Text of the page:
This paper aims to adopt a novel approach to the study of individuals’ psychological dispositions that predict Facebook usage/non-usage. Given the historically disappointing results associated with studies that treat personality traits/dispositions as enduring and invariant, contemporary thought accepts that it is the interaction between dispositions and situations that influence behaviour. In this study, the situation (in this case, Facebook) is positioned as the antecedent stimulus for the activation of context-relevant psychological dispositions that, subsequently, facilitate behavioural prediction (i.e. Facebook usage/non-usage). Moreover, Facebook (the stimulus) is examined through its perceived psychological, rather than normative, features to identify context-relevant dispositions.
This two-study project adopts a research framework developed through the integration of communication theories and theoretical frameworks and psychological processing theories. Study 1 adopted a qualitative approach to determine the psychological features of Facebook, as perceived from the individual’s standpoint. Study 2 involved a national online survey, developed from the findings from Study 1, to explore context-relevant psychological dispositions in their prediction of Facebook behaviour.
The findings of Study 1 lead to the identification of the perceived psychological features of Facebook which are categorised under the umbrella terms of interaction, self-image control, usage volition and risk. Using these features (identified in Study 1) to guide in the selection of context-relevant dispositions, rather than arbitrarily selecting dispositions, the hypotheses for Study 2 are developed. As a result, Study 2 involves the discriminant analysis of data gathered from 579 user/non-users of Facebook to determine if context-relevant psychological dispositions accurately predict behaviour of both users and non-users of Facebook.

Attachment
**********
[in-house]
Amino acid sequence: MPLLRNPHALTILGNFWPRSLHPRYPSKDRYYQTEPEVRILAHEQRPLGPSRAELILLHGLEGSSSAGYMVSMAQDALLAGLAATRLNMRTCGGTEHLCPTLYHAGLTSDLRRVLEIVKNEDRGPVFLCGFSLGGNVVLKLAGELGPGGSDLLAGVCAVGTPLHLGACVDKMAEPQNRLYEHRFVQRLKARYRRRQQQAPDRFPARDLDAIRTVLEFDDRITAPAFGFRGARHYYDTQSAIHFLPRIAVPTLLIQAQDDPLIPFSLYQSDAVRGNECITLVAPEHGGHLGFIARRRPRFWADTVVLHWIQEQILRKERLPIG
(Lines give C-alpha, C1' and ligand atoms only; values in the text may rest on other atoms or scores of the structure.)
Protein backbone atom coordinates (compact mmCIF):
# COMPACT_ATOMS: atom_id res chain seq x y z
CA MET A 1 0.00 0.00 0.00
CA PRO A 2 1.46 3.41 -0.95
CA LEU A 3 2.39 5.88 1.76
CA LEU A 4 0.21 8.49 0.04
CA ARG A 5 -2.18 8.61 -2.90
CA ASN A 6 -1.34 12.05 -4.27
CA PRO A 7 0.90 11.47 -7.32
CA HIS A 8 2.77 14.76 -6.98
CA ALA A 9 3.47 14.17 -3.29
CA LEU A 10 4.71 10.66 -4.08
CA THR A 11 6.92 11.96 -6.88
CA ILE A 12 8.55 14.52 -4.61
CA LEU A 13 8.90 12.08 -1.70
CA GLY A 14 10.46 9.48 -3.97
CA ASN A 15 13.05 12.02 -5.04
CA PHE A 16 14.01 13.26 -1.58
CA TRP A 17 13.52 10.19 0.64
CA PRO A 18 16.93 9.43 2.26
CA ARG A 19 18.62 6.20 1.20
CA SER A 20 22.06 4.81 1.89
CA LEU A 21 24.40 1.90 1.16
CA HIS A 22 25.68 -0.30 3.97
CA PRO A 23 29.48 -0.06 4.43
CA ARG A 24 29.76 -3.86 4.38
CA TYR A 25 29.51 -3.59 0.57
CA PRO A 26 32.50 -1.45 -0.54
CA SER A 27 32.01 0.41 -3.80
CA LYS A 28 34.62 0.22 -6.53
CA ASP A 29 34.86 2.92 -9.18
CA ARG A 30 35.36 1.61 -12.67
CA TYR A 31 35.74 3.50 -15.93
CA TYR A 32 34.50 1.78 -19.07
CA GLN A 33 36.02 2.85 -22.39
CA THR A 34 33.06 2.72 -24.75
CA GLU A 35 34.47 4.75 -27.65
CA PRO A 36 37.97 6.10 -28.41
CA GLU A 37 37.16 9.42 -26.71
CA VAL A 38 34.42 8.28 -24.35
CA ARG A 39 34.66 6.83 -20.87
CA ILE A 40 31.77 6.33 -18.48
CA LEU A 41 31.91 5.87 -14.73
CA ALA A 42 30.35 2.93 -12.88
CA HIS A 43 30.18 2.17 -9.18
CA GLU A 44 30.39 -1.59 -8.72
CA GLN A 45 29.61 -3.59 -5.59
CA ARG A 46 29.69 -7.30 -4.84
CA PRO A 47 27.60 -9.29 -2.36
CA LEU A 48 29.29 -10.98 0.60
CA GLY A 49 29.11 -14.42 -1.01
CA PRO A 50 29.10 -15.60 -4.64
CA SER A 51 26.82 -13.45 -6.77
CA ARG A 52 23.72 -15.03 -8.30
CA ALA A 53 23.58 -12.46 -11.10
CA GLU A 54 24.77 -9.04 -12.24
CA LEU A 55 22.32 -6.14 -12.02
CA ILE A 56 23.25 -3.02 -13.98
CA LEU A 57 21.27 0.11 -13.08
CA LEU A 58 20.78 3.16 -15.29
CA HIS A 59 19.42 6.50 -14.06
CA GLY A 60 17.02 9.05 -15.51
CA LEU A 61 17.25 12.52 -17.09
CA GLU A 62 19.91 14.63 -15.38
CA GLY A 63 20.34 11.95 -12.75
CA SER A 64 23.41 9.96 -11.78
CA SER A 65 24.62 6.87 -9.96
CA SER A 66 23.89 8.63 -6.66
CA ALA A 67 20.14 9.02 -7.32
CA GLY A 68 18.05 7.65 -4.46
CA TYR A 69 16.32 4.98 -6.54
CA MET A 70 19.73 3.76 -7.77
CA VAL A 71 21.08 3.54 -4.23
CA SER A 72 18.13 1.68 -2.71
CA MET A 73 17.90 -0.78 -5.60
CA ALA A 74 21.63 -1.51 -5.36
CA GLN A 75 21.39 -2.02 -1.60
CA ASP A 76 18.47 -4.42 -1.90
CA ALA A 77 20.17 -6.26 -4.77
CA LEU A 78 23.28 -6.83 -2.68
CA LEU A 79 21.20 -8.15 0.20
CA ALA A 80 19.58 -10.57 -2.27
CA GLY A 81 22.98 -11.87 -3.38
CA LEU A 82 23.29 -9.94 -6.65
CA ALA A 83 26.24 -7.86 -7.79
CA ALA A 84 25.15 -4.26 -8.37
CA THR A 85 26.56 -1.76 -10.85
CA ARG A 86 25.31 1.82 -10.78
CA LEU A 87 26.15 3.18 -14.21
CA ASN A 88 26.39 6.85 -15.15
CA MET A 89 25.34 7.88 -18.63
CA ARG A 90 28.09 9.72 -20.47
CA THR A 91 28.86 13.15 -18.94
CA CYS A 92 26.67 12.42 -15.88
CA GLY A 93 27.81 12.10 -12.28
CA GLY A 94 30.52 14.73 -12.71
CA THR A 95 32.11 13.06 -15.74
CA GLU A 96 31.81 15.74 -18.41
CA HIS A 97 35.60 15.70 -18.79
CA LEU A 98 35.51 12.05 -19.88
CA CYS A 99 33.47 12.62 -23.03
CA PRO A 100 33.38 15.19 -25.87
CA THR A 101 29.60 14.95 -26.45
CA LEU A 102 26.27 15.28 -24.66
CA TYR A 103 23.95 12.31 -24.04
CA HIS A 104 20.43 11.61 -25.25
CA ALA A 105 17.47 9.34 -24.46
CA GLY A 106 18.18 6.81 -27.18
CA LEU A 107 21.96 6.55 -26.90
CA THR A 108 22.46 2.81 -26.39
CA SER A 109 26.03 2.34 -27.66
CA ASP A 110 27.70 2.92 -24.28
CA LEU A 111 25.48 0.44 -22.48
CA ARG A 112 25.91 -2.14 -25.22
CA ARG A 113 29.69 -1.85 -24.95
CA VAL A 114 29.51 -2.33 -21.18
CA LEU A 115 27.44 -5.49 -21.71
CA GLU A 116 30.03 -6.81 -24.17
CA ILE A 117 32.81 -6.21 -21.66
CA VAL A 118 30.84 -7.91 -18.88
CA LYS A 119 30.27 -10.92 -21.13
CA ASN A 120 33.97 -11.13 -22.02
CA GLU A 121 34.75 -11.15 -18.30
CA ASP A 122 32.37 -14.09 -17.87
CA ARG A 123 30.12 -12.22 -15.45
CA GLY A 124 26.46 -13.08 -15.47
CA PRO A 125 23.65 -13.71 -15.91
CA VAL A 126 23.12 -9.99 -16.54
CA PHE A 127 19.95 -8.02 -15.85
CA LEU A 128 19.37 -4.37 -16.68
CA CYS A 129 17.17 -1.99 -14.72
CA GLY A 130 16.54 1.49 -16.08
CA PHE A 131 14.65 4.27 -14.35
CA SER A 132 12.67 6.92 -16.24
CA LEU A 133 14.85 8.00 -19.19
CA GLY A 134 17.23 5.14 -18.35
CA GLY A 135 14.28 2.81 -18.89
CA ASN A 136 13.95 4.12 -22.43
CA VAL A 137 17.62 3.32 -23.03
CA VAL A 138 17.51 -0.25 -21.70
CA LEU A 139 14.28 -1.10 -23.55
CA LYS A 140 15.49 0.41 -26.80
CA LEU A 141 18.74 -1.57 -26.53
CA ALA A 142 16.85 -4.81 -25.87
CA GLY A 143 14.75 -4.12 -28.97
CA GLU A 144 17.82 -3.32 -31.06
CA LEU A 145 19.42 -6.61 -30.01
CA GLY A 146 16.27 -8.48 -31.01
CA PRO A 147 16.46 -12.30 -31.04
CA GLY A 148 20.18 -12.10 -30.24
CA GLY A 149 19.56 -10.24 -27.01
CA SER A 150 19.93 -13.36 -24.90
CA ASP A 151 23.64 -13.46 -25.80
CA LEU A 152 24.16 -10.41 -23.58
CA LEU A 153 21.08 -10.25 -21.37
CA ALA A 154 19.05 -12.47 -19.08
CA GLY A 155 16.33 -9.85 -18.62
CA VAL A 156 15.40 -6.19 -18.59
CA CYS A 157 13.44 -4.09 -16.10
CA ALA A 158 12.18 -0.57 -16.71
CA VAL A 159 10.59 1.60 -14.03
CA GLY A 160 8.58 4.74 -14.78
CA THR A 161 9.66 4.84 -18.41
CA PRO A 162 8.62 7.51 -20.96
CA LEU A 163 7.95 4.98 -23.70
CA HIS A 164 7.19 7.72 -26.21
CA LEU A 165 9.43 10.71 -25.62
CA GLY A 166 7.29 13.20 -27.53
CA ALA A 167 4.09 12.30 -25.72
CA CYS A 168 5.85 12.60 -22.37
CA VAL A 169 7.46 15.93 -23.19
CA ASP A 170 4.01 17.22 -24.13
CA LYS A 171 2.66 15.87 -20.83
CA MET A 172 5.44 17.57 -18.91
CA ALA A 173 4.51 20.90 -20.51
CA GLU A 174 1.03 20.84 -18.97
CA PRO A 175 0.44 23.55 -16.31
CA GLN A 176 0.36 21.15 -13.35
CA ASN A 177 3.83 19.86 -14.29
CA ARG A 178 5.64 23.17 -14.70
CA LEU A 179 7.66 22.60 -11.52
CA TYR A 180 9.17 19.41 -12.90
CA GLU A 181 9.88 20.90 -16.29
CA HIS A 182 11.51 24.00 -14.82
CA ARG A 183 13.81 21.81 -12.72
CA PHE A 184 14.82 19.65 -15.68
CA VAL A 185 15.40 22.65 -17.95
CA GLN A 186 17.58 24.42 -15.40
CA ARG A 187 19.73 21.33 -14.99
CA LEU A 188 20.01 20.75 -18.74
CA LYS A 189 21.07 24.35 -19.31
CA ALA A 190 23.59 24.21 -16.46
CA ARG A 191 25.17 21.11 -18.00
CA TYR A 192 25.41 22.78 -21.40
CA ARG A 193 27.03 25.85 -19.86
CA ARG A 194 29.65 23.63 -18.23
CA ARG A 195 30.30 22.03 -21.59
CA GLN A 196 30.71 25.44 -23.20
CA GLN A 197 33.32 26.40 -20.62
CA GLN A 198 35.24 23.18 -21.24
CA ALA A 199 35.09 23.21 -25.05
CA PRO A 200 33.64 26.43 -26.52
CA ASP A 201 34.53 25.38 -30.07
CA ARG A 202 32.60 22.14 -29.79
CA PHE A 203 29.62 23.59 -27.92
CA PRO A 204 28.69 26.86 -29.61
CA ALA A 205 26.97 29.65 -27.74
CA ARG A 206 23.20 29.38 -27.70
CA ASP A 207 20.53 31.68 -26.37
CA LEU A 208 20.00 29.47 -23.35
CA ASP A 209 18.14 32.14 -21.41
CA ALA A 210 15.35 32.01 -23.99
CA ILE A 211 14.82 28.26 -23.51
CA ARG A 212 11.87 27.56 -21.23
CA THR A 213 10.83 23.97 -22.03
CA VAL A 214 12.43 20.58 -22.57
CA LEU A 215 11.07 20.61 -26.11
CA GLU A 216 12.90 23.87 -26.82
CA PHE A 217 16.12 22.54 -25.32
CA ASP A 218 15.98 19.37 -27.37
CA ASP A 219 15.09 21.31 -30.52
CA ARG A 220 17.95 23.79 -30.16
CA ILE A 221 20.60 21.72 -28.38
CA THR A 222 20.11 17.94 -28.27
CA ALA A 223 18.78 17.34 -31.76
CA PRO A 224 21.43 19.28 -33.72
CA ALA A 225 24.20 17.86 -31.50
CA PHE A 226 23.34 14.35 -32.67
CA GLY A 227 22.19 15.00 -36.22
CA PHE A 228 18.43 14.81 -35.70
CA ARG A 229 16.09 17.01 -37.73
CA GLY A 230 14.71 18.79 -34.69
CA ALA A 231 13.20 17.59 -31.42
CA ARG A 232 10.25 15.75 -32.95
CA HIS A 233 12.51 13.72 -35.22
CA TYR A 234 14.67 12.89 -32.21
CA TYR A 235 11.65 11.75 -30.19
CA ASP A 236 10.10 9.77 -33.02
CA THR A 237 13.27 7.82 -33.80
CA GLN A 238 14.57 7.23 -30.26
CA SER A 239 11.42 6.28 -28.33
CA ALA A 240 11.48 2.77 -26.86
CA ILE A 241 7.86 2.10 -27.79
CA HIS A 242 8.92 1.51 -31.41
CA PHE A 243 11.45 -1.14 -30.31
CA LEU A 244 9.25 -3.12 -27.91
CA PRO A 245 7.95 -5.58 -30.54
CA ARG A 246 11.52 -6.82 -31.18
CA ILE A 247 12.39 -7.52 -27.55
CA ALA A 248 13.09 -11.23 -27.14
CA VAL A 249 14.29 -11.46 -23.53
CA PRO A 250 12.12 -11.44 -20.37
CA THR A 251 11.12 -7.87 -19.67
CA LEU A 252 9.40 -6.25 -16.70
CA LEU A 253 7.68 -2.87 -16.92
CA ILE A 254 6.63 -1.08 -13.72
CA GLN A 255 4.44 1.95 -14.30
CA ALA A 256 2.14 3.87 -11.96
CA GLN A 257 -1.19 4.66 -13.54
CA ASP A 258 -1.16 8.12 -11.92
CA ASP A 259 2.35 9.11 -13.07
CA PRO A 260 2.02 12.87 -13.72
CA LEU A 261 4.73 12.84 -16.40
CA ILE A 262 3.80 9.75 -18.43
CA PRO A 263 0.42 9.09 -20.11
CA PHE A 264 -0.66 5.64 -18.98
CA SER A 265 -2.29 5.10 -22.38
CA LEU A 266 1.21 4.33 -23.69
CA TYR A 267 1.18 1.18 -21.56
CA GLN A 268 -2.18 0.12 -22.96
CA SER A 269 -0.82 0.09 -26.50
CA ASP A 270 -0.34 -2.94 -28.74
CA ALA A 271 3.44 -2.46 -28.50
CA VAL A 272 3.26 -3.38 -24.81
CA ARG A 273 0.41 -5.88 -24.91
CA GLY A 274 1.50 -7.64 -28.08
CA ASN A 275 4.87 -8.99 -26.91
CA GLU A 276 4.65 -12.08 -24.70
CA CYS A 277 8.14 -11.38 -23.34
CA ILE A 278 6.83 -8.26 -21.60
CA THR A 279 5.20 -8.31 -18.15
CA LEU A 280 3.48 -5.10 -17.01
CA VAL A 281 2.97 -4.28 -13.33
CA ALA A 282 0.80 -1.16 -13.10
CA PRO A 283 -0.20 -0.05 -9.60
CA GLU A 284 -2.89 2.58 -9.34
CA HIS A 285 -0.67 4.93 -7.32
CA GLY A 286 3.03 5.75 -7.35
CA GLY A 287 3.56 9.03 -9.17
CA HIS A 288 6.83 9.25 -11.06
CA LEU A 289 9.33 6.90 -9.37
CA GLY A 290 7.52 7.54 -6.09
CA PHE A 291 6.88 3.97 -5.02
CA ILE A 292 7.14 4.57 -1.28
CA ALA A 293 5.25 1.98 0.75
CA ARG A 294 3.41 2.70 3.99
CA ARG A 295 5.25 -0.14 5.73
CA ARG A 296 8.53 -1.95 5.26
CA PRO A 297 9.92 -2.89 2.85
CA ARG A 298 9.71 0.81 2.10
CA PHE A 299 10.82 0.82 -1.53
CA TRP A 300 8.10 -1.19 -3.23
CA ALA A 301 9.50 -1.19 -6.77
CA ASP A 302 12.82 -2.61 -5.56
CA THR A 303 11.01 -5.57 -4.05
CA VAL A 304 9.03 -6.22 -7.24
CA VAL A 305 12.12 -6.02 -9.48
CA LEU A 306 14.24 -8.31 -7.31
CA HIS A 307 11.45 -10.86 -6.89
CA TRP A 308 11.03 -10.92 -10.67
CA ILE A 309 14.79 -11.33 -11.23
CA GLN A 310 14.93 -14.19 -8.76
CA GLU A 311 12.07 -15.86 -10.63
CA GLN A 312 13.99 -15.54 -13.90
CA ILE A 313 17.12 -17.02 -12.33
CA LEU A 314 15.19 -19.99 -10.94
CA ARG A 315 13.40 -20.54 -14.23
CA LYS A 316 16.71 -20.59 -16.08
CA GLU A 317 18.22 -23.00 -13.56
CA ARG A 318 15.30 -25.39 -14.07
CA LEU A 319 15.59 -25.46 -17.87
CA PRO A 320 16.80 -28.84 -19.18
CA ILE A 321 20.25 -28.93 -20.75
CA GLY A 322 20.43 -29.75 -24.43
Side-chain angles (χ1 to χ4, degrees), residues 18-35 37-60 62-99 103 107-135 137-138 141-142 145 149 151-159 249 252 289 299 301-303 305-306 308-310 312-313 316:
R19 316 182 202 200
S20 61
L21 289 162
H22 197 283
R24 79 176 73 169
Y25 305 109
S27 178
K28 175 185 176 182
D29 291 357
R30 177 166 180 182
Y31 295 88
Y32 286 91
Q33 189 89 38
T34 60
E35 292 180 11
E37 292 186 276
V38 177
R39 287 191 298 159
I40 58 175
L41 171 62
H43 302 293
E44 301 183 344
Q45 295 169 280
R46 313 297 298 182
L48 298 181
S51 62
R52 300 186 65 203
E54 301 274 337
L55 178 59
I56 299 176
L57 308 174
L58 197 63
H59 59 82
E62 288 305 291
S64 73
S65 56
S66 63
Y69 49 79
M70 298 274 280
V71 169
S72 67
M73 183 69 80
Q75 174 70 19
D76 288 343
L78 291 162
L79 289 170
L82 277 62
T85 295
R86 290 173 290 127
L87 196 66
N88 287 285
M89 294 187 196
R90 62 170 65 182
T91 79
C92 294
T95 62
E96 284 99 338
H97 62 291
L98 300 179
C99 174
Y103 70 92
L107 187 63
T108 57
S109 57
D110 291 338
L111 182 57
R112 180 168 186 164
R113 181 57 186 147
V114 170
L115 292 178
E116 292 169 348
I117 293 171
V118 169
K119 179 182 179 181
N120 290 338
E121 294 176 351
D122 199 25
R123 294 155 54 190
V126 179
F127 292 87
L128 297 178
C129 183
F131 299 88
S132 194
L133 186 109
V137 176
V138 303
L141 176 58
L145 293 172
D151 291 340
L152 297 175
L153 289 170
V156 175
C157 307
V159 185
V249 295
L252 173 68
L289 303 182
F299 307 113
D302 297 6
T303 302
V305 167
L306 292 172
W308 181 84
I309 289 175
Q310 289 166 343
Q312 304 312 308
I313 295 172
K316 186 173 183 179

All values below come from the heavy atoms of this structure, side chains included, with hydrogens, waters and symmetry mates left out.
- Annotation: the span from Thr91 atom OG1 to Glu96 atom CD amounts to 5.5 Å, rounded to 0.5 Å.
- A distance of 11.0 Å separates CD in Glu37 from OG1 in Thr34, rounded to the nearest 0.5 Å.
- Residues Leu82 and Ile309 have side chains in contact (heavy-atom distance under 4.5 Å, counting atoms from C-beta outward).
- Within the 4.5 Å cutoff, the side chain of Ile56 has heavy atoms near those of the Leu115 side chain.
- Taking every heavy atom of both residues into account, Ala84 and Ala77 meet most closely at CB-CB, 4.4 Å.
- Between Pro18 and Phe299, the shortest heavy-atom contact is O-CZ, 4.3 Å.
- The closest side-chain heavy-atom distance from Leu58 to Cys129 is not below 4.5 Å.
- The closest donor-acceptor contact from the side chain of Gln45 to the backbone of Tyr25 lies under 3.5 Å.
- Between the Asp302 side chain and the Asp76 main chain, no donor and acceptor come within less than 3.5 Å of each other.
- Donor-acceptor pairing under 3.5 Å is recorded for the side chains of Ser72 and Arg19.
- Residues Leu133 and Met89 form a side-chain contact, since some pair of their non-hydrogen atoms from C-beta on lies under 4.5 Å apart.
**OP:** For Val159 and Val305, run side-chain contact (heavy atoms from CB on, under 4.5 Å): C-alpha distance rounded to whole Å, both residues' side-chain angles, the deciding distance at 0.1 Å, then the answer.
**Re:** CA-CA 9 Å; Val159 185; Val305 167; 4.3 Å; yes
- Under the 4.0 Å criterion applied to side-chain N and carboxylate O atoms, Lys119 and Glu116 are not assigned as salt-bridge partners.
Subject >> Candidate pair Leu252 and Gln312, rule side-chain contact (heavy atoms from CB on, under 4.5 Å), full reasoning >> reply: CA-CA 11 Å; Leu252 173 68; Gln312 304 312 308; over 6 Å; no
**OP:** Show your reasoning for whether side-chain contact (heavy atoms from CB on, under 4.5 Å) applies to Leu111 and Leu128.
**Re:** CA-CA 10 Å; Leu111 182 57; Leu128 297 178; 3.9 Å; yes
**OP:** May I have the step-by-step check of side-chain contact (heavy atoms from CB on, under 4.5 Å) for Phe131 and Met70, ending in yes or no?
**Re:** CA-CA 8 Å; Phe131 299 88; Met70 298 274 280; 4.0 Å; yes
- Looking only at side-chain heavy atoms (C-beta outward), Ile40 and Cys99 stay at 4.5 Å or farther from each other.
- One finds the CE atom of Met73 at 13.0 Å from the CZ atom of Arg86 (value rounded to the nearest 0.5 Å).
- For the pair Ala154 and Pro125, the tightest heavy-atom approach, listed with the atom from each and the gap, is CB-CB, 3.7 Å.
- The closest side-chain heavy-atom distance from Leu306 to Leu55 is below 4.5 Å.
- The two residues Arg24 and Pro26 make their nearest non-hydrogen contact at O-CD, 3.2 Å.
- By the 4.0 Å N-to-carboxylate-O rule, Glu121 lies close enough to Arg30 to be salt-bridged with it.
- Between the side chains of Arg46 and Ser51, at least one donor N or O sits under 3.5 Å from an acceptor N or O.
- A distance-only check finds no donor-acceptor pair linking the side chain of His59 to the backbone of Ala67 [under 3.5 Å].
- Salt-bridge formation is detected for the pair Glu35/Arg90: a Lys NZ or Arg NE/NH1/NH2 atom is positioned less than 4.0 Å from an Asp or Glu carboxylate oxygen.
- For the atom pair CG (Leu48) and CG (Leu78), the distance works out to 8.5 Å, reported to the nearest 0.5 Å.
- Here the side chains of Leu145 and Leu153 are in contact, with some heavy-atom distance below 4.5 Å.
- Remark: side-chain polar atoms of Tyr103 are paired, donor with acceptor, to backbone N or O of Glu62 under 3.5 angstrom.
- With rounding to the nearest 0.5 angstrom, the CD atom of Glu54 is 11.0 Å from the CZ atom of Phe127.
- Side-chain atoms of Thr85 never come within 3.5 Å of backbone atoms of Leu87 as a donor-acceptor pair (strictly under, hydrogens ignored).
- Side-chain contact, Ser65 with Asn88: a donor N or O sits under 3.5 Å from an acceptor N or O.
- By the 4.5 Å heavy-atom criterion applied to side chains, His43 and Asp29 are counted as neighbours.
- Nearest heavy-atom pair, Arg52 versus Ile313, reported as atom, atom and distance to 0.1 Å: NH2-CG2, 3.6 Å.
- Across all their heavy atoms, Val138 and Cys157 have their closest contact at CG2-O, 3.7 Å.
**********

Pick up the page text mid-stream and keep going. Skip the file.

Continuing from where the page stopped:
The findings provide a psychological roadmap for Facebook advertisers, which can be used to develop and test media-specific advertising strategy. Furthermore, a significant contribution of this study resides within the research approach itself which can be used to guide not only media research but also other marketing and business research that is characterized by context specificity.
Debra Grace, Mitchell Ross and Wei Shao (2015) "Examining the relationship between social media characteristics and psychological dispositions", European Journal of Marketing, Vol. 49 No. 9/10, pp. 1366-1390Download as .RIS
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